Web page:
Ghosh v Hanover Gate Mansions Ltd [2019] UKUT 290 (LC)

29th November 2019


A contact between a landlord and a managing agent was found to have come into existence when the performance of management services commenced and not on the date of the landlord’s payment for the services provided. In the circumstances, the particular contract was a qualifying long term agreement and the statutory consultation requirements under section 20 of the Landlord and Tenant Act 1985 were applicable.


A draft contract between the landlord and the managing agent was drawn up on 12 June 2017 with its terms largely agreement. The agreement was never signed. Notwithstanding this, the managing agent commenced the provision of its services on 12 June 2017 and the landlord did not take any steps to prevent the performance of the agreement. The first payment for the provision of services was made around 27 June 2017.

First instance decision

The Tribunal held that the contract between the agent and the landlord was, in the absence of a signed written contract, an oral contract evidenced by both performance and payment. The Tribunal purported to apply the case of Brogden v Metropolitan Railway Co (1877) 2 App. Cas. 666 held that such a contract could not come into being until a payment had been made. Seeing as payment was not made until 27 June 2017, the agreement was not for a period of 12 months or more and therefore was not a qualifying long-term arrangement.


The issue on appeal was when the contract between the agent and the landlord took effect and whether, therefore, it was a qualifying long-term agreement.

Decision on appeal

The upshot of the proceedings before Tribunal was that it was admitted that:

  1. there was a contract between the landlord and the managing agent, and
  2. that services were provided from 12 June 2017 onwards.

On appeal, the Elizabeth Cooke, Judge of the Upper Tribunal, found that the only realistic finding open to the Tribunal on the terms of the engagement was that it was as per the draft unsigned agreement.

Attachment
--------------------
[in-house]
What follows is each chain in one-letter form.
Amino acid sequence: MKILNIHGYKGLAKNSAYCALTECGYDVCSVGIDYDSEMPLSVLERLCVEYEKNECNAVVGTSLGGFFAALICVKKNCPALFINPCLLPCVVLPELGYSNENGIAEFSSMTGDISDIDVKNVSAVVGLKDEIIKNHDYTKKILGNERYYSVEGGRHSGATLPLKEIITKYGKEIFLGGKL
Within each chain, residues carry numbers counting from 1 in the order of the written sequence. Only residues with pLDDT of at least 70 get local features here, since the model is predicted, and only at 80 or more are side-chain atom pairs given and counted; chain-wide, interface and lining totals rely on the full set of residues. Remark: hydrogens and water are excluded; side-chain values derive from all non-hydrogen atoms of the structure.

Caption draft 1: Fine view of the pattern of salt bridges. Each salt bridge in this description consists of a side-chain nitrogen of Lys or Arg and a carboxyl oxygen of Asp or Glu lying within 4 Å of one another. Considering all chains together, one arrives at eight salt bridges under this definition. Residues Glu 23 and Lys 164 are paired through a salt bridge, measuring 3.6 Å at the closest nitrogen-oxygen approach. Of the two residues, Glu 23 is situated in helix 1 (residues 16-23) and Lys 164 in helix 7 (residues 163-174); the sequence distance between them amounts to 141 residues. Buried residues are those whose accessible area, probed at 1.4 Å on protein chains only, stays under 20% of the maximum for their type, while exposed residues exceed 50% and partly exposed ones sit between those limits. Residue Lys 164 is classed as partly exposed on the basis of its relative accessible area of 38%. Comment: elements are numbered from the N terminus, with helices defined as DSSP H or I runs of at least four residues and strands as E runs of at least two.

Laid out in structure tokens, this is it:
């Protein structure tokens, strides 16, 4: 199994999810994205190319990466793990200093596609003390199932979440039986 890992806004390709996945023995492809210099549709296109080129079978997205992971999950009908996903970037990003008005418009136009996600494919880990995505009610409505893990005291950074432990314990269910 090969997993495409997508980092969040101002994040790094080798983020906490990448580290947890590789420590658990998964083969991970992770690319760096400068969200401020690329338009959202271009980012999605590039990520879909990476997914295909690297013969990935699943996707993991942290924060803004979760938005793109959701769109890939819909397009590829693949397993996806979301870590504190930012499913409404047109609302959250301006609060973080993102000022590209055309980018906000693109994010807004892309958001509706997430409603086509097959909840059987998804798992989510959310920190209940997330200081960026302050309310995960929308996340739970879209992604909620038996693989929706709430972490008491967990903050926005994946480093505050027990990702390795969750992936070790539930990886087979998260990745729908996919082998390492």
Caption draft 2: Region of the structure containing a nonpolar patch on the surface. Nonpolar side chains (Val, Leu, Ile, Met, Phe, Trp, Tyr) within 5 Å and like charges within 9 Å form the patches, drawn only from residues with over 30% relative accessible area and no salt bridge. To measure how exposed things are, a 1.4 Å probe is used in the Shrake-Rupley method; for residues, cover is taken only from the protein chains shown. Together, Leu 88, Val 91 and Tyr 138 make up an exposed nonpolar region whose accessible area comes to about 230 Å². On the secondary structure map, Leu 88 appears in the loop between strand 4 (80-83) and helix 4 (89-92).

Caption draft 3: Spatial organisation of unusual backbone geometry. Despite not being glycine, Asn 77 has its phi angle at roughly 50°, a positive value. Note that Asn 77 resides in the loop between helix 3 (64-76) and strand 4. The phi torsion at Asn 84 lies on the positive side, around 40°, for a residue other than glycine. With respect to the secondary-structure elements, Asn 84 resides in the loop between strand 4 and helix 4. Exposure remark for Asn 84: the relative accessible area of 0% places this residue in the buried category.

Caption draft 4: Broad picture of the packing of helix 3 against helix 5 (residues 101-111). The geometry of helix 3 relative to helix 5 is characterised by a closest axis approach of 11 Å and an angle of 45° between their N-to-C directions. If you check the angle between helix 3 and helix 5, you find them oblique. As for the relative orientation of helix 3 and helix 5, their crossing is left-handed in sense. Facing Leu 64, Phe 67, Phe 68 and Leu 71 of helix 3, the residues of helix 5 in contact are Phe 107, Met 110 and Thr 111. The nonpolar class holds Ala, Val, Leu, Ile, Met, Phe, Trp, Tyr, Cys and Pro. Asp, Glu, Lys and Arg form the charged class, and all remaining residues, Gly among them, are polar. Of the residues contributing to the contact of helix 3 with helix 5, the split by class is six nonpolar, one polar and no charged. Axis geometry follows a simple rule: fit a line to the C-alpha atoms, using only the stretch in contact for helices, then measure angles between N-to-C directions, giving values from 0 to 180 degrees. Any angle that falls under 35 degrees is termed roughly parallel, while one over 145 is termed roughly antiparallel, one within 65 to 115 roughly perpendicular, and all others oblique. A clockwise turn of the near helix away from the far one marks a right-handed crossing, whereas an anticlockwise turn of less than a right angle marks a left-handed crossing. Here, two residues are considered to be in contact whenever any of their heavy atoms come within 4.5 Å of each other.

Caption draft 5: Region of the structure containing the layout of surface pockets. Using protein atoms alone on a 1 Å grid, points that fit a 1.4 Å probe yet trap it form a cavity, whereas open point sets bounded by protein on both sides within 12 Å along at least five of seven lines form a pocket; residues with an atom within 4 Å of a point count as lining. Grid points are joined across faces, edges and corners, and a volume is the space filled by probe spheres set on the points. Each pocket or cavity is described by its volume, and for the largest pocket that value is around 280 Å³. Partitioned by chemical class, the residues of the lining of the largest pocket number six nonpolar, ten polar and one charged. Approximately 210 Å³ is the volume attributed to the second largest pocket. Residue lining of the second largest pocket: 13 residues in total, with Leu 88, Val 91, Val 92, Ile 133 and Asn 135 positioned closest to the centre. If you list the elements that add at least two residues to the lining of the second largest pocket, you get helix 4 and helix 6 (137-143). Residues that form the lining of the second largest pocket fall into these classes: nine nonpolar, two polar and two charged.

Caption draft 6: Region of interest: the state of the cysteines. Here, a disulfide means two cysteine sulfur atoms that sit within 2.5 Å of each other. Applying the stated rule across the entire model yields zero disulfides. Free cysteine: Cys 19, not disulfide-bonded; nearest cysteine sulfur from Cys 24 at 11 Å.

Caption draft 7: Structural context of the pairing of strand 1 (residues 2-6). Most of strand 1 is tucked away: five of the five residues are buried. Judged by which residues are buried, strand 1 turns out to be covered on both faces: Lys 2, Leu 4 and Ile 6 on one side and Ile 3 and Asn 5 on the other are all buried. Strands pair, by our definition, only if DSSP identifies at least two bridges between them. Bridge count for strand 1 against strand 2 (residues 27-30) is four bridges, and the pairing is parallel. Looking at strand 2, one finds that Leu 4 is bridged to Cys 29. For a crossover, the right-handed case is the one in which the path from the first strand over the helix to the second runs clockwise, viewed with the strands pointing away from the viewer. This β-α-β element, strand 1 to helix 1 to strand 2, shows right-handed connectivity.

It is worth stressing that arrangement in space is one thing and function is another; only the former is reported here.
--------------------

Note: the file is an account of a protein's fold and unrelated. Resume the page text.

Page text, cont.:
This left one issue to determine on appeal: at what date did the contract take effect? Judge Cooke reviewed the decision in Brogden. She considered, quite correctly, that this decision was not authority for the proposition that, in a contract by performance, payment is necessary for a contract to arise. Brogden is simply authority for the proposition that a contract may arise by performance in the absence of a formally signed agreement.

The performance relied on in Brogden was the supply of coal. By merely accepting the deliveries of coal, the purchasing railway company accepted the terms of the contract as amended by the coal supplier. No reference is made in that judgment as to when the coal was paid for. The contract therefore came into being when the coal was accepted. The date of payment was not relevant.  Judge Cooke applied this reappraised ratio to the facts of the instant case and allowed the appeal. The contract came into being from the date of performance of the agents’ management functions under the drafted contract. The date of payment for those services was irrelevant. The management agreement therefore lasted 12 months and was therefore a Qualifying Long-term Agreement.


This case does not contain any new principles of law, but it demonstrates the application of the rules of the law of contract in the context of the provision of services. The decision also provides clarification that the payment of a fee is not necessarily required for a contract to arise by the conduct of the parties.

The fact that one party has provided their services as discussed between the parties and the other party has accepted the provision of services is likely to be enough for the contract to arise at the date of first supply. This rule is useful for those considering the length of engagement.

It is not always formal signing of a contract or indeed payment of monetary consideration that forms a contract. In many circumstances a supply contract can come into being without a signed agreement or payment, when one party begins to perform the contract as envisaged and the other allows him to do so.

The date of performance and not the date of payment will nearly always be the crucial date when considering when a contractual relationship began.

Expertise: Service Charges


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